“Students can make connections between rheumatology and other areas of medical knowledge to show that it’s relevant in cases beyond rheumatology,” Dr. Lin says. “We hope to engage more medical students by doing this.”
In Phase 2, the next 12 months, additional aspects of rheumatology are introduced through integrated clinical settings. “Students continue to engage in expanding their knowledge of basic science through online modules and lectures,” Dr. Lin says. “Compared [with] a traditional curriculum, this phase continues to place a large emphasis on the foundation of basic science while students complete their clinical rotations.”
Phase 3, the final 18 months of the program, involves further clinical experiences tailored to each student’s career and specialty interests. Students can pursue electives and opportunities for further development in their desired specialty. Students also take basic science electives geared toward their specialty-specific interests. This aspect is in contrast to a traditional curriculum, in which students may continue to choose various clinical rotations of interest.
New Accreditation Process
As the associate director for the rheumatology fellowship program, a role she assumed in August 2016, Dr. Lin is deeply involved in preparing for a new form of accreditation by the Accreditation Council for Graduate Medical Education (ACGME), which is responsible for accrediting the majority of graduate medical training programs for physicians in the U.S. In the past, ACGME certified programs by conducting site visits every two to five years, evaluating whether an institution complied with ACGME common program requirements and specialty specific requirements. If programs did not comply or make the advised changes, they were forced to close.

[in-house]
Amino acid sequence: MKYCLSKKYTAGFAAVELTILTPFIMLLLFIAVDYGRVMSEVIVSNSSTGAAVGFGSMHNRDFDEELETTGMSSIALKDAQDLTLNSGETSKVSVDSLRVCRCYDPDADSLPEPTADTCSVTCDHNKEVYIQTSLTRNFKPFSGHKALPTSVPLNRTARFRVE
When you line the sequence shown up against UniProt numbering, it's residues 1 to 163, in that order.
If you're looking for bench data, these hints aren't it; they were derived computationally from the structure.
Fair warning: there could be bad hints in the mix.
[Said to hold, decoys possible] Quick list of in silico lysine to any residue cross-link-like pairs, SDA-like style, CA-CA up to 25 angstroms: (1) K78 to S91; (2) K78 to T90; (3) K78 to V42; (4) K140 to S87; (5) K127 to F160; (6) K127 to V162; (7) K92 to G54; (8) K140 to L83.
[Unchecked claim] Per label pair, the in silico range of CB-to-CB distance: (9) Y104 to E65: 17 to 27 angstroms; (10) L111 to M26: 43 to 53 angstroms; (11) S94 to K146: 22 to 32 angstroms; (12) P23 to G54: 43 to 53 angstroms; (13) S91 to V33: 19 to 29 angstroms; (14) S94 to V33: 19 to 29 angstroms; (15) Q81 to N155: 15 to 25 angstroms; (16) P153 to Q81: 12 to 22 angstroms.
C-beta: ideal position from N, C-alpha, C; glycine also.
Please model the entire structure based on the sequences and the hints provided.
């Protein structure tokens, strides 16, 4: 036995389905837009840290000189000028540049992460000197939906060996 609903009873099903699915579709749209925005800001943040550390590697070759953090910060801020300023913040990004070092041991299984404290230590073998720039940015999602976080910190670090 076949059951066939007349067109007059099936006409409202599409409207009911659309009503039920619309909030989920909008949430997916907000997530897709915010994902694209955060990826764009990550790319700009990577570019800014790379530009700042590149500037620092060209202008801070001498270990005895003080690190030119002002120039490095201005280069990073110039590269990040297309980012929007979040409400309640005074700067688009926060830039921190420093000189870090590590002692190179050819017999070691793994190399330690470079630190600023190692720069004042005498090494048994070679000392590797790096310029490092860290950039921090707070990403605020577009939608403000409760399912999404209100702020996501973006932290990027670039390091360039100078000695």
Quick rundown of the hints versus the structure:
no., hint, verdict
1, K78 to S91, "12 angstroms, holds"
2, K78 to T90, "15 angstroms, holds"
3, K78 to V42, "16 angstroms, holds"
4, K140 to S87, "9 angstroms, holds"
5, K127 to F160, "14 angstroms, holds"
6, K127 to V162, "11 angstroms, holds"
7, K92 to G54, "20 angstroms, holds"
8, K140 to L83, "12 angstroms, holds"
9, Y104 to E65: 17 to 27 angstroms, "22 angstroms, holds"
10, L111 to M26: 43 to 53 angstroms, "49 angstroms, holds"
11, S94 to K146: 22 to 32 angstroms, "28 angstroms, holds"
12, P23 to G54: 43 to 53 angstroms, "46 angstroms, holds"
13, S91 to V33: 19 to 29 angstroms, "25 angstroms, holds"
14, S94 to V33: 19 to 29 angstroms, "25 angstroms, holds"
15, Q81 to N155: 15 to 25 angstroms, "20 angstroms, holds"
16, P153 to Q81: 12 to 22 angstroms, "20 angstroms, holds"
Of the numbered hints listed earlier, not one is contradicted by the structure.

The new program, Next Accreditation System, moves more of the evaluation process from ACGME review committees to a program’s stakeholders (i.e., its faculty members, residents and fellows).
“It requires us to go through a multi-step, self-evaluation process,” Dr. Lin says. “This [process] helps identify strengths and areas to improve upon. Although the previous process ensured that the [medical education] programs complied with minimum requirements, it wasn’t individualized. The new self-study program recognizes that programs focus on different areas—whether academics, clinical practice or research—and encourages programs to strive for excellence in their own areas of focus.”
ACGME began the pilot accreditation program in 2015, and accreditation is now required only every 10 years. Only a few rheumatology programs have completed the new accreditation process.
“It’s a hot topic at our program and many others, because we aren’t sure what to fully expect until we go through it once,” Dr. Lin concludes.